Presentation is loading. Please wait.

Presentation is loading. Please wait.

Electric Program Investment Charge Joint Investor Owned Utilities’ EPIC Administrators Webcast September 28, 2012.

Similar presentations


Presentation on theme: "Electric Program Investment Charge Joint Investor Owned Utilities’ EPIC Administrators Webcast September 28, 2012."— Presentation transcript:

1 Electric Program Investment Charge Joint Investor Owned Utilities’ EPIC Administrators Webcast September 28, 2012

2 Background Doug Kim Program Format and InitiativesKevin Dasso PG&E Illustrative Programs Kevin Dasso SDGE Preliminary ProgramsFrank Goodman SCE Illustrative programsDoug Kim Wrap UpDoug Kim Questions and Answers 1 Agenda

3 The California PUC established EPIC in May, 2012 through D to: – “provide public interest investments in applied research and development, technology demonstration and deployment, market support, and market facilitation, of clean energy technologies and approaches for the benefit of electric ratepayers of Pacific Gas and Electric Company (PG&E), San Diego Gas & Electric Company (SDG&E) and Southern California Edison (SCE), the three large investor-owned utilities (IOUs).” 2 Electric Program Investment Charge (“EPIC”)

4 Summary of EPIC Decision Investment Areas  Applied Research: $55M/annually (CEC only)  Technology Demonstration & Deployment − CEC $45M, PG&E $15M, SCE $12M, SDG&E $3M (/annually)  Market Facilitation: $15M/annually (CEC only) Funding & Admin.  $162M/annually in ratepayer funding ( )  CEC administers 80% of the authorized budget; IOUs administer 20% Electricity System Value Chain  Grid Ops / Mkt. Design  Generation  Transmission  Distribution  Demand-Side Mgmt 3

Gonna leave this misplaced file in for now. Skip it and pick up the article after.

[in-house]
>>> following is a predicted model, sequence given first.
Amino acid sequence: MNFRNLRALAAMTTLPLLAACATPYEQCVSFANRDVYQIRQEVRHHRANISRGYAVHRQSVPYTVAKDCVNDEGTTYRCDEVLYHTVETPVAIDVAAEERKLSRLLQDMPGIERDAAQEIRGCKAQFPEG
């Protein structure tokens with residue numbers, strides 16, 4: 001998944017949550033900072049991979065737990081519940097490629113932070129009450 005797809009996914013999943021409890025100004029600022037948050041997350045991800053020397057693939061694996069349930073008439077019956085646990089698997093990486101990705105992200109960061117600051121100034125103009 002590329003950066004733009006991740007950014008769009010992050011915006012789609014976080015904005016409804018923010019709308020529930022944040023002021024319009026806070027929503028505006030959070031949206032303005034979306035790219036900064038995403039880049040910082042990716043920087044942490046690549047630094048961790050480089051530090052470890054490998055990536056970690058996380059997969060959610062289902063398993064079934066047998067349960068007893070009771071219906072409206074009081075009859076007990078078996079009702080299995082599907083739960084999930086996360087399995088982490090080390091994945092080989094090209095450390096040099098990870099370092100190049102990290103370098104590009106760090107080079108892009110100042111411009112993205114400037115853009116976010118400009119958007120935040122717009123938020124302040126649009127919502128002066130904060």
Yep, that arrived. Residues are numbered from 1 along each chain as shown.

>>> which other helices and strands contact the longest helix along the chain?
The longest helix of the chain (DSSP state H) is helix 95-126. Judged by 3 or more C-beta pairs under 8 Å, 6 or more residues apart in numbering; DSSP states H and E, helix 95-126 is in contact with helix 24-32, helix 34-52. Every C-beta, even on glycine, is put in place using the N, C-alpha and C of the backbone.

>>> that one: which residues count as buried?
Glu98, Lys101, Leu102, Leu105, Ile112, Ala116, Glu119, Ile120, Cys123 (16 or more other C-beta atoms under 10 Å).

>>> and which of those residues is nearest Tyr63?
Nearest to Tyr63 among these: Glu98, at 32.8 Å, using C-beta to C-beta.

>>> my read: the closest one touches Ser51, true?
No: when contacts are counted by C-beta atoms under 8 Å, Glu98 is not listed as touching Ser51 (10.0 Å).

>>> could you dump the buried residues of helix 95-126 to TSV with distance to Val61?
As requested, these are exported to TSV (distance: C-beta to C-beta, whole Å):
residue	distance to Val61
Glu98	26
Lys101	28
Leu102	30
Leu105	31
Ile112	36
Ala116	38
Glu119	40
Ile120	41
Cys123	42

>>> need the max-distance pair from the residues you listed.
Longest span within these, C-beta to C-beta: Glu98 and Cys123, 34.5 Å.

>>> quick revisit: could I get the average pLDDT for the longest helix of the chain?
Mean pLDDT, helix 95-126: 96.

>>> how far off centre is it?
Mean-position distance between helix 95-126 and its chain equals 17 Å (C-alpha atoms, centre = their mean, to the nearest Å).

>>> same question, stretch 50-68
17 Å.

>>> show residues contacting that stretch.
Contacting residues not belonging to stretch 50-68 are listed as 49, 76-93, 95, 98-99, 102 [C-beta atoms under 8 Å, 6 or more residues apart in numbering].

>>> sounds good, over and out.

5 IOUs are Limited to Funding Only Technology Demonstration & Distribution Programs Technology Demonstration and Deployment - The installation and operation of pre-commercial technologies or strategies at a scale sufficiently large and in conditions sufficiently reflective of anticipated actual operating environments to enable appraisal of the operational and performance characteristics and the financial risks

6 Collaborative Development of IOUs’ EPIC Plans Starting June 2012, the IOU program administrators have met semiweekly to develop the Working IOU EPIC Framework to guide the individual IOU EPIC plans The Working IOU EPIC Framework was presented to stakeholders at public workshops in August, as well as to the CEC, CPUC Staff, internal IOU subject matter experts, and industry experts (including EPRI), and has been refined with their input These groups have validated that the Working IOU EPIC Framework correctly identifies current technology gaps and aligns with driving California policies and goals 5